A space ant fires its lasers space earthsky o gascon

By coincidence, astronomer Donald Menzel who first observed and classified this particular planetary nebula in the 1920s (it is officially known as Menzel 3 after him) was also one of the first to suggest that in certain conditions natural light amplification by stimulated emission of radiation – from which the acronym laser derives – could occur in gaseous nebulae. This was well before the discovery and first successful operation of lasers in laboratories in 1960.

Thanks to the sensitivity and wide wavelength range of the Herschel observatory, we detected a very rare type of emission called hydrogen recombination line laser emission, which provided a way to reveal the nebula’s structure and physical conditions.

This kind of laser emission needs very dense gas close to the star. Comparison of the observations with computer models found that the density of the laser-emitting gas is around 10,000 times higher than that of the gas seen in typical planetary nebulae and in the lobes of the Ant Nebula itself.

Normally, the region close to a dead star – close in this case being about the distance of Saturn from our sun – is empty, because most of its material is ejected outwards. Any lingering gas would soon fall back onto it. Co-author Albert Zijlstra said:

The only way to keep gas close to the star is if it is orbiting around it in a disk. In this case, we have actually observed a dense disk in the very center that is seen approximately edge-on. This orientation helps to amplify the laser signal. The disk suggests the white dwarf [the dying star at the heart of the nebula] has a binary companion, because it is hard to get the ejected gas to go into orbit unless a companion star deflects it in the right direction.

Astronomers have not yet seen the expected second star, but they think that the mass from the dying companion star is being ejected and then captured by the compact central star of the original planetary nebula, producing the disk where the laser emission is produced.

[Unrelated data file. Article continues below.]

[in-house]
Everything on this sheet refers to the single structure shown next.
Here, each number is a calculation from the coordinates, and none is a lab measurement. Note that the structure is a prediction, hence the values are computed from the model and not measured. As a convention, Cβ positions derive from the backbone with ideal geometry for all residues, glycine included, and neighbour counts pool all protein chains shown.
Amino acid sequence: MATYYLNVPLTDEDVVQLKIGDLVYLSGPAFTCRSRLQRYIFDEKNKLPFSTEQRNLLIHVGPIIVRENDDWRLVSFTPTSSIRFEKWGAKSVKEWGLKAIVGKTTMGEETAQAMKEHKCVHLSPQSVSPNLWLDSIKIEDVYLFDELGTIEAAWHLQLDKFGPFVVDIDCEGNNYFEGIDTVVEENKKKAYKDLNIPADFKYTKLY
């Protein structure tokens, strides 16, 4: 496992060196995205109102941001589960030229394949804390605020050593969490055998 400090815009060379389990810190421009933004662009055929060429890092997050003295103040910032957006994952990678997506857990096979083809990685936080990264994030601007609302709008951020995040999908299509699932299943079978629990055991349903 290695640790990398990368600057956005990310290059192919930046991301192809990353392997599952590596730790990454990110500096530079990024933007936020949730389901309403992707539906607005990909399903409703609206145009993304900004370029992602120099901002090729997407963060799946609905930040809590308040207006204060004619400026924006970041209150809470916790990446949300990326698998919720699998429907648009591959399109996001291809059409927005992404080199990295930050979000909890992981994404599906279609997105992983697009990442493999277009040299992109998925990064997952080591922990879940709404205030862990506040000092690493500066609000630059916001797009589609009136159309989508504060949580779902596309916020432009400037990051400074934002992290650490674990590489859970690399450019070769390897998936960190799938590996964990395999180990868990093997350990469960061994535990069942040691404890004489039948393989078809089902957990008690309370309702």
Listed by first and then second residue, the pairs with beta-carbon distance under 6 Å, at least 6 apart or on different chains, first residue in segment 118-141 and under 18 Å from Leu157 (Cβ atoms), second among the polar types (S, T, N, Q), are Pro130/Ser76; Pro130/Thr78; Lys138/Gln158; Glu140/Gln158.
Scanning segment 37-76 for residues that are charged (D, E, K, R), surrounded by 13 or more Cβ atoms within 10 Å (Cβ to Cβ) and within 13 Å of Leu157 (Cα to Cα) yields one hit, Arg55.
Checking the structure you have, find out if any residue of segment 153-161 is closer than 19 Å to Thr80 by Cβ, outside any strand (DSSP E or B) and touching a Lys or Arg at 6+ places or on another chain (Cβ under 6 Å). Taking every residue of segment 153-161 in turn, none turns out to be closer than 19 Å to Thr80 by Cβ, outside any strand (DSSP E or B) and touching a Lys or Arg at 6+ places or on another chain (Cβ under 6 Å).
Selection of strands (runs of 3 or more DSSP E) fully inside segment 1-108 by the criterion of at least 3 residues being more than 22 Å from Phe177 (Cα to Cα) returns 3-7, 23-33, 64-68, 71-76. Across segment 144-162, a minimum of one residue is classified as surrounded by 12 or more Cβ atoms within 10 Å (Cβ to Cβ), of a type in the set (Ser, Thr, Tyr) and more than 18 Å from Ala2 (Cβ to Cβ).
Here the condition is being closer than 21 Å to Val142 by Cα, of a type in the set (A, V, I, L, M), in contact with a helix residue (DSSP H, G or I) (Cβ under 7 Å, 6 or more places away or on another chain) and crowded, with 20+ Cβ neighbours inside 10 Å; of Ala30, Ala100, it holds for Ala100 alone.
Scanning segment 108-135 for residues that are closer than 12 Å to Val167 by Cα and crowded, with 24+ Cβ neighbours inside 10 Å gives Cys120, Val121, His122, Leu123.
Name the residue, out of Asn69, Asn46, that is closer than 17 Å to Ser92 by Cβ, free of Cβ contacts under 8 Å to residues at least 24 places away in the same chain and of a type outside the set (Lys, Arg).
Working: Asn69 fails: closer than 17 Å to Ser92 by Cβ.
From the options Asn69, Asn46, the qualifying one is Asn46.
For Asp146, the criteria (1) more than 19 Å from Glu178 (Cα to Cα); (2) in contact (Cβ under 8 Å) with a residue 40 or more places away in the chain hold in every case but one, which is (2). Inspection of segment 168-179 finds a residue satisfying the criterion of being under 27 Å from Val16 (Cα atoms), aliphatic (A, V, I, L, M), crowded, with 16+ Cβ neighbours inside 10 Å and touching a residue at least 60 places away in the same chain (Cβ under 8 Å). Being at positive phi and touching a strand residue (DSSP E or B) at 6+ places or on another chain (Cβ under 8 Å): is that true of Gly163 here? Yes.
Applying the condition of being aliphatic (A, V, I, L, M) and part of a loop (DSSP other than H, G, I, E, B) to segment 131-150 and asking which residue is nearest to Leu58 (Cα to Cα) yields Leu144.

By coincidence, astronomer Donald Menzel who first observed and classified this particular planetary nebula in the 1920s (it is officially known as Menzel 3 after him) was also one of the first to suggest that in certain conditions natural light amplification by stimulated emission of radiation – from which the acronym laser derives – could occur in gaseous nebulae. This was well before the discovery and first successful operation of lasers in laboratories in 1960.

Thanks to the sensitivity and wide wavelength range of the Herschel observatory, we detected a very rare type of emission called hydrogen recombination line laser emission, which provided a way to reveal the nebula’s structure and physical conditions.

This kind of laser emission needs very dense gas close to the star. Comparison of the observations with computer models found that the density of the laser-emitting gas is around 10,000 times higher than that of the gas seen in typical planetary nebulae and in the lobes of the Ant Nebula itself.

Normally, the region close to a dead star – close in this case being about the distance of Saturn from our sun – is empty, because most of its material is ejected outwards. Any lingering gas would soon fall back onto it. Co-author Albert Zijlstra said:

The only way to keep gas close to the star is if it is orbiting around it in a disk. In this case, we have actually observed a dense disk in the very center that is seen approximately edge-on. This orientation helps to amplify the laser signal. The disk suggests the white dwarf [the dying star at the heart of the nebula] has a binary companion, because it is hard to get the ejected gas to go into orbit unless a companion star deflects it in the right direction.

Astronomers have not yet seen the expected second star, but they think that the mass from the dying companion star is being ejected and then captured by the compact central star of the original planetary nebula, producing the disk where the laser emission is produced.